The Music Director Mystique

If there is only one individual that is traditionally associated with the idea of an orchestra, it has to be the music director.  And the past year has seen some remarkable events regarding the control and influence music directors assert over their orchestras.  Here’s a quick recap:



  • We have Daniel Barenboim stepping down as the music director for the Chicago Symphony Orchestra, one of the top orchestras in the entire world.  Why? It wasn’t over money or artistic issues but over how much time the orchestra’s management wanted him to spend in the community.  The musicians flirted with a vote designed to implore Barenboim to stay but it never came to fruition.
  • Martin Fischer-Dieskau, music director of the Canadian Kitchener-Waterloo Symphony was fired. But then a few months later, the board of directors has asked him to take his old job back again.  This about face is due to the fact that entire executive board that approved Fischer-Dieskau’s dismissal resigned en masse after pressure from hundreds of the music directors supports and several key donors.
  •  Gerard Schwarz was recently the target of a no confidence vote by the musicians of the Liverpool Philharmonic that said no to extending his contract after 2006.  But the orchestra’s board, management and several key donors are saying “nuts” to the players and want Gerald to stay.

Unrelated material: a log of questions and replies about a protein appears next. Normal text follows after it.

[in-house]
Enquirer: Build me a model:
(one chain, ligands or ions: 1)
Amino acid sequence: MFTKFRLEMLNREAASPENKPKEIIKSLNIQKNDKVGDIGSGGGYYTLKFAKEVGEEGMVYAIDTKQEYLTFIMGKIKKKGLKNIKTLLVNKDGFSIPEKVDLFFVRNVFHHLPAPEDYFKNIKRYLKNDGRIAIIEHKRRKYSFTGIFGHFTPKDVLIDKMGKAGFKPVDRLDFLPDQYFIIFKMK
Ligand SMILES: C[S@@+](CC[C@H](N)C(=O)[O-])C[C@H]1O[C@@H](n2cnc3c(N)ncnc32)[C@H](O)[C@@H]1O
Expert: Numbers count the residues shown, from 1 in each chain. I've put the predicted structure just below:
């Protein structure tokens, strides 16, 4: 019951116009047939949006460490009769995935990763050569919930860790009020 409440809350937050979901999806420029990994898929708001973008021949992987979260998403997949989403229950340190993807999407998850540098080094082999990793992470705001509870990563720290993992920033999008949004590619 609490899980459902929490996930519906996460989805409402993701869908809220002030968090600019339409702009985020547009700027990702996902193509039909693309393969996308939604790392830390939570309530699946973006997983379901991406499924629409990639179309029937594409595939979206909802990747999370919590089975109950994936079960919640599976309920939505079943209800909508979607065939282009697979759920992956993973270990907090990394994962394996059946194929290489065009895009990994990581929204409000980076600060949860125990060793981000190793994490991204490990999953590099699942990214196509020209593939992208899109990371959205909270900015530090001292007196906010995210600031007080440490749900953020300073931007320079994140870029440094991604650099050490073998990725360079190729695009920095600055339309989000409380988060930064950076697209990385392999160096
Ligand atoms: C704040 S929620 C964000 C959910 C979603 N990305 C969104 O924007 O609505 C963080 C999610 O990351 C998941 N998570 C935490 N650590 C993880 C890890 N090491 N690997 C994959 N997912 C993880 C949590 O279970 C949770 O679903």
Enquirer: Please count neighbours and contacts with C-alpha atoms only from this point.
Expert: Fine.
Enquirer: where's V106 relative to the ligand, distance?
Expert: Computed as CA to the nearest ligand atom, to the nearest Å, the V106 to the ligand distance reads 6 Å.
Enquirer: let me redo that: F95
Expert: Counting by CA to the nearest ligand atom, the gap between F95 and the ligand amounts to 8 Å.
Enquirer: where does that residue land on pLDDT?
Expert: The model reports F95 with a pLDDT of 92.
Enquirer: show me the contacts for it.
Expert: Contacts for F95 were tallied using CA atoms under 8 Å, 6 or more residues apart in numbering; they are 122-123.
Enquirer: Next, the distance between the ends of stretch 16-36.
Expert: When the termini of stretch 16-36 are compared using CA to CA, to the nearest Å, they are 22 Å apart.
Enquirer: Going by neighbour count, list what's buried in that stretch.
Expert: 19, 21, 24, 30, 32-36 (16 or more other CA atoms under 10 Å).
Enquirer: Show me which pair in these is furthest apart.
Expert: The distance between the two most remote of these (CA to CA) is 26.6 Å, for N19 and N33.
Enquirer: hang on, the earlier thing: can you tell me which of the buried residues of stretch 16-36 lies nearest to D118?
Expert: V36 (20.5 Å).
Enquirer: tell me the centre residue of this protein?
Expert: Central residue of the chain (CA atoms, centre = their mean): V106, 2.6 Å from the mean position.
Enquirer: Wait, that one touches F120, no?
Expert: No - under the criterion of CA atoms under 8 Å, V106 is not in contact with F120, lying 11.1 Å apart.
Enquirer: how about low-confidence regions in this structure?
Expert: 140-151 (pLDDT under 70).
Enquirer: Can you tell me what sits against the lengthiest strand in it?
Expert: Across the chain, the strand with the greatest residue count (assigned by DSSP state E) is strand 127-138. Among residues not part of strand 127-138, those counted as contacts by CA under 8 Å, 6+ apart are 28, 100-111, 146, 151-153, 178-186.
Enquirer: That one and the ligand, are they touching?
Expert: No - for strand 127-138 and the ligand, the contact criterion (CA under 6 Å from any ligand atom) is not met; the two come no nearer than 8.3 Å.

• Minnesota Symphony’s new music director Osmo V

    About Drew McManus

    "I hear that every time you show up to work with an orchestra, people get fired." Those were the first words out of an executive's mouth after her board chair introduced us. That executive is now a dear colleague and friend but the day that consulting contract began with her orchestra, she was convinced I was a hatchet-man brought in by the board to clean house.

    I understand where the trepidation comes from as a great deal of my consulting and technology provider work for arts organizations involves due diligence, separating fact from fiction, interpreting spin, as well as performance review and oversight. So yes, sometimes that work results in one or two individuals "aggressively embracing career change" but far more often than not, it reinforces and clarifies exactly what works and why.

    In short, it doesn't matter if you know where all the bodies are buried if you can't keep your own clients out of the ground, and I'm fortunate enough to say that for more than 15 years, I've done exactly that for groups of all budget size from Qatar to Kathmandu.

    For fun, I write a daily blog about the orchestra business, provide a platform for arts insiders to speak their mind, keep track of what people in this business get paid, help write a satirical cartoon about orchestra life, hack the arts, and love a good coffee drink.

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